Who is Liable for Dog Bites?

While many dogs are loyal and loveable companions, some dogs can be vicious and cause injury or even death. When a dog attacks a person, a careful evaluation of the situation should be done to determine who may potentially be liable.

The Center for Disease Control and Prevention states that out of 4.5 million Americans who suffer from dog bites every year, only 20 percent require medical attention.  Children and postal workers seem to be the most susceptible to such attacks.

Although some dogs appear to be more vicious by nature, such as pit bulls, German shepherds and Rottweilers, there are an increased number of dog bites involving dogs less known for a violent nature. These breeds include huskies, chow chows, boxers, Dalmatians, Alaskan malamutes and Doberman pinschers.  If provoked, however, any dog can attack.

Most incidents of dog bites occur in the home, and many victims are family members, friends or neighbors. Dog bites make up about 25 percent of all homeowner’s insurance claims and represent about one billion dollars per year in insurance claim settlements. As a result, many homeowner’s insurance policies have stopped covering dog bite claims due to the potential expense.

Under New Hampshire’s “strict liability” dog bite law, dog owners are held responsible for injuries their dogs inflict in a wide range of situations.  New Hampshire Revised Statutes Annotated (R.S.A.), §466:19, is the statute often called the “dog bite law” which allows people who suffer personal injury and/or property damage caused by a dog to hold the dog’s owner or keeper liable. If the injured person was trespassing or committing a wrongful act at the time of the injury, the statute may not apply.

R.S.A. §466:19 can also apply to all types of injuries and property damage caused by dogs, not just to dog bites, and even indirect injuries inflicted by dogs are covered. For example, in Bohan v. Ritzo, 141 N.H. 210, 218 (1996), the New Hampshire Supreme Court held that a dog owner was liable for injuries suffered when the owner’s dog scared a bicyclist and caused the bicyclist to crash.

If a dog causes injury due to the negligence of another person other than the dog’s owner, the the strict liability statute may not apply. However, the person may be able to bring an injury claim under New Hampshire’s negligence laws under certain circumstances. For instance, if a landlord of an apartment complex is aware that a stranger’s vicious dog regularly strays onto the common area of the complex, but fails to do anything about it, and it results in an attack, the landlord may be liable under a negligence theory for failing to take proper precautions.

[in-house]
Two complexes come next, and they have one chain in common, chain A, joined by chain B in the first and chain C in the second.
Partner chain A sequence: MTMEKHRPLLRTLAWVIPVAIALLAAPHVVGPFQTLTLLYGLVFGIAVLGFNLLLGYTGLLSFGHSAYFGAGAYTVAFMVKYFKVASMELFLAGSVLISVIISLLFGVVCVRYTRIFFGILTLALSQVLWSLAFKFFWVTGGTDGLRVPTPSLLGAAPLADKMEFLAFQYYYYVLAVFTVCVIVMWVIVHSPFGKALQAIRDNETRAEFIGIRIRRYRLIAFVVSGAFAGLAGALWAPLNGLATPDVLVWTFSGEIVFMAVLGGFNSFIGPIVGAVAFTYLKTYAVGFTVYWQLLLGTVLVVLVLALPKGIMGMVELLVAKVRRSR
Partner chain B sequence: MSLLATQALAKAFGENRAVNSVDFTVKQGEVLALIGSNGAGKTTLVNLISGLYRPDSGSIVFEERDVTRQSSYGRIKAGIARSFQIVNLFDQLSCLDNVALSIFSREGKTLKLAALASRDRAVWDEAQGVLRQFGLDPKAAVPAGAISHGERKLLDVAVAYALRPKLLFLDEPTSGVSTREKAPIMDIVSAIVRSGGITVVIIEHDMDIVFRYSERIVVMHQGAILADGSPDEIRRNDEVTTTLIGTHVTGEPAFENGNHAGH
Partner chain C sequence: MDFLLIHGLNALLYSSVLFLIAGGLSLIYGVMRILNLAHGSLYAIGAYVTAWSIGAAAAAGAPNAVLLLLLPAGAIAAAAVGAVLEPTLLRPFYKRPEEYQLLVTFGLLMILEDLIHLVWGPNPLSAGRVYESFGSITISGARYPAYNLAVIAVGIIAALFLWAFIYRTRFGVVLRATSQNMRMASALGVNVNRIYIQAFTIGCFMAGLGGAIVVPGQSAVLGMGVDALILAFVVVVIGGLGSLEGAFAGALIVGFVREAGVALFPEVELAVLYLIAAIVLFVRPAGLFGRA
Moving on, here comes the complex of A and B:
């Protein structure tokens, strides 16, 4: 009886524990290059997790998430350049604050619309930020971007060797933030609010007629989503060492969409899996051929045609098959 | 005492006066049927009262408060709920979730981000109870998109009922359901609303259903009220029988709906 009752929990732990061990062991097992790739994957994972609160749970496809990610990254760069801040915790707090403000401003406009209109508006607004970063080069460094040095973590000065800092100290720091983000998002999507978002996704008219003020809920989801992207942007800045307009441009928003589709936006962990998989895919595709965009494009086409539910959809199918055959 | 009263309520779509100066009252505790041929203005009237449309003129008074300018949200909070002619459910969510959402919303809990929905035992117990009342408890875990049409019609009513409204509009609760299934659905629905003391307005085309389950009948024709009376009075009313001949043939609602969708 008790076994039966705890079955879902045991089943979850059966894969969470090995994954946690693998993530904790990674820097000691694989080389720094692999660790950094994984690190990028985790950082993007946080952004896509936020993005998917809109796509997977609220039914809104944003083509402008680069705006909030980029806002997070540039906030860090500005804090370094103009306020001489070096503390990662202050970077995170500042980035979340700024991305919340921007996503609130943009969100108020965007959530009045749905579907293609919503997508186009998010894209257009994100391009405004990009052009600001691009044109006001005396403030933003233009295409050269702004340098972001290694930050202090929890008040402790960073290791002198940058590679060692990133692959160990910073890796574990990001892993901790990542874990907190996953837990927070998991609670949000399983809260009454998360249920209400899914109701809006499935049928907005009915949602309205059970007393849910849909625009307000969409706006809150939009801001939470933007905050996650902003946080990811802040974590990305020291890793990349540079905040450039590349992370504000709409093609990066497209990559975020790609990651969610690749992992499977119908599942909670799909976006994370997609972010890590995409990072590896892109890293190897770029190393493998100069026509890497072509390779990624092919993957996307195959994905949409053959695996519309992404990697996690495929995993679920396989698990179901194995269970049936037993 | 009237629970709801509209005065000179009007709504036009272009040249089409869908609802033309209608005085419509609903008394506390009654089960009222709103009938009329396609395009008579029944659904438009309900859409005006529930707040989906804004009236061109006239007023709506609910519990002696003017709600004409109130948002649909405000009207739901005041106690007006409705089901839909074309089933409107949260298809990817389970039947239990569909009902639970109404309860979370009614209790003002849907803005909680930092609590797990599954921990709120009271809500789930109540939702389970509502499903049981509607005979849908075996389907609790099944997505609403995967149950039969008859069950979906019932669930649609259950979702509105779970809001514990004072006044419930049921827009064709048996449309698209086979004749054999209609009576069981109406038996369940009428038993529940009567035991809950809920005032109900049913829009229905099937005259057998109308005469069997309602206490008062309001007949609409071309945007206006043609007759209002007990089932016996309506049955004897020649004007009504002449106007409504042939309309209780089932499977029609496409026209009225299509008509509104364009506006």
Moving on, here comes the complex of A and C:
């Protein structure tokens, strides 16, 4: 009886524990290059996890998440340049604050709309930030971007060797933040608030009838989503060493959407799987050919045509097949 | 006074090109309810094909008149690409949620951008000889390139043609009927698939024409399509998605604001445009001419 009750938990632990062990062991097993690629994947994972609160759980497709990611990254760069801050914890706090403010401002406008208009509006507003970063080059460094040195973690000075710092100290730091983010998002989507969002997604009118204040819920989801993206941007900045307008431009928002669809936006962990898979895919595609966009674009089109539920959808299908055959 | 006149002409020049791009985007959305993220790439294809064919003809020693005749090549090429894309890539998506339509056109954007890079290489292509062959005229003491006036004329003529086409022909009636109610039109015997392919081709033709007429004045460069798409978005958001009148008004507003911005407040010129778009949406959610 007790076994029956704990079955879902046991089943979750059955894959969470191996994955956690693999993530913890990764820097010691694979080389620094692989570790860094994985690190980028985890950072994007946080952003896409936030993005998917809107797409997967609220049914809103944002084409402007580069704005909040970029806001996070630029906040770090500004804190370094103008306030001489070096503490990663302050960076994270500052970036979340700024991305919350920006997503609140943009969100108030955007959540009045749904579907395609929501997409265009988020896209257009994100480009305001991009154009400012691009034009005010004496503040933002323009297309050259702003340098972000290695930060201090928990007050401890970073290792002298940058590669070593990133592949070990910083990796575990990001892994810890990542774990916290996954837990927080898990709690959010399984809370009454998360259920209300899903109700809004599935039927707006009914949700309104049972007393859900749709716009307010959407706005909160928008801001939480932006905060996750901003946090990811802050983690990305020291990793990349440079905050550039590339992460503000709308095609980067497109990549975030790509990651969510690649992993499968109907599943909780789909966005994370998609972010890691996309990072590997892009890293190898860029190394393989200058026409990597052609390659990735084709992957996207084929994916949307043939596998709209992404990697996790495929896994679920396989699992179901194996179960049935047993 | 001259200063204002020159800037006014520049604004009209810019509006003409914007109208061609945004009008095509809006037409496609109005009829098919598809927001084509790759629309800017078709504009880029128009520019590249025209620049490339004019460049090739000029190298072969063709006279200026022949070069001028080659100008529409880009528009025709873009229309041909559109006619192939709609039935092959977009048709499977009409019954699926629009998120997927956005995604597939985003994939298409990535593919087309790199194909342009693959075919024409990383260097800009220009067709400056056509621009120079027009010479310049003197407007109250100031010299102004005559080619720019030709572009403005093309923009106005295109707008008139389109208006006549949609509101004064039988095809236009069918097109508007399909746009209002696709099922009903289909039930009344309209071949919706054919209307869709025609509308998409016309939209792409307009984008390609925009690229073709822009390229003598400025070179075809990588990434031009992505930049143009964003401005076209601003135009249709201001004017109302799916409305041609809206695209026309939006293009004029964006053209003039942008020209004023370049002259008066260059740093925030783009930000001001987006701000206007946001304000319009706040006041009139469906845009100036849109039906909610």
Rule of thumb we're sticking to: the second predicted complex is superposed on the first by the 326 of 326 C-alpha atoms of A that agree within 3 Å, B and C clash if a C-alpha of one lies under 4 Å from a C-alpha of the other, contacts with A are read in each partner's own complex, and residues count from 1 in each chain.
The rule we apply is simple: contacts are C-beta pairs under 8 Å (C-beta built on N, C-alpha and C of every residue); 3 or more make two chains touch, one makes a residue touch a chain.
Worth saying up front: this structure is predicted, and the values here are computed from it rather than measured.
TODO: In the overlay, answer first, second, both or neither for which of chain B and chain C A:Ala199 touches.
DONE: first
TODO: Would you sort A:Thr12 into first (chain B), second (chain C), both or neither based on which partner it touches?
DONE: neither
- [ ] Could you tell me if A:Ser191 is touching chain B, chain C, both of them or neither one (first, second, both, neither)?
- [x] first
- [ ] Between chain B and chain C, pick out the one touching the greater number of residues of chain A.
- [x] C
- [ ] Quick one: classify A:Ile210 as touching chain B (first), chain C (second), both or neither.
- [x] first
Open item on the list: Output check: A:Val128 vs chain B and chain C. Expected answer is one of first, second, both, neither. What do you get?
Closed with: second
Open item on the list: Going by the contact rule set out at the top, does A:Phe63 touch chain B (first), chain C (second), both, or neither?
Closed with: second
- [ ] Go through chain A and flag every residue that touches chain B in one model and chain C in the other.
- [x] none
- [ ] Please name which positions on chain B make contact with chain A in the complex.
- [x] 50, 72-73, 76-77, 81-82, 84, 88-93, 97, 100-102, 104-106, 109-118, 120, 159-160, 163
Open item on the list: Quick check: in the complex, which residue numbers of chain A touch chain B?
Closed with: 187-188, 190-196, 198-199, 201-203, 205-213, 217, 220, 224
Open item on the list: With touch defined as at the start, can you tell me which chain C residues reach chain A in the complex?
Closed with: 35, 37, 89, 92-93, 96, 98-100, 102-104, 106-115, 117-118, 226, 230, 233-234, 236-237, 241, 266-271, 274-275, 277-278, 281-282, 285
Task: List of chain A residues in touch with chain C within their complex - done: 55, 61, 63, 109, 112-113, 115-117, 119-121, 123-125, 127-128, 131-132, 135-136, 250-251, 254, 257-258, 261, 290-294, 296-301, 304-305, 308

If you have been bitten by a dog, you may be entitled to compensation. But, many victims of dog bites often make critical mistakes that place their legal claim in jeopardy. Listed below are some of these common mistakes, and if you have any questions, or were injured and need assistance, call Kenison Law at (603) 471-3550 or contact us through our website: https://www.kenisonlaw.com/

  1. Believing the dog bite is not that serious and not seek medical treatment immediately. Dog bite victims cannot be certain that the dog does not have rabies, or that a dog’s mouth could contain bacteria that can cause serious infections.
  2. Failing to report the incident to animal control or the local police. Reporting the incident to the authorities, allows the incident to be well-documented.
  3. Providing a statement to an insurance adjuster that could later be used against them to try and justify a denial.
  4. Not photographing the dog bite injuries. Photos of the injuries can help show how serious the bite was and how much pain it caused, and photos of the healing process can also give a jury and/or insurance adjuster a better idea of how long it took to heal.
  5. Not getting competent legal representation. Insurance companies often pressure victims into quick settlement before the full extent of injuries and other damages are realized, which can cause the victim to settle for an amount less than what is fair and just compensation.

 

Sources:

https://www.cdc.gov/mmwr/preview/mmwrhtml/00047723.htm

https://about.usps.com/news/national-releases/2018/pr18_025.htm

http://www.gencourt.state.nh.us/rsa/html/xlv/466/466-19.htm

https://www.leagle.com/decision/1996351141nh2101313

 

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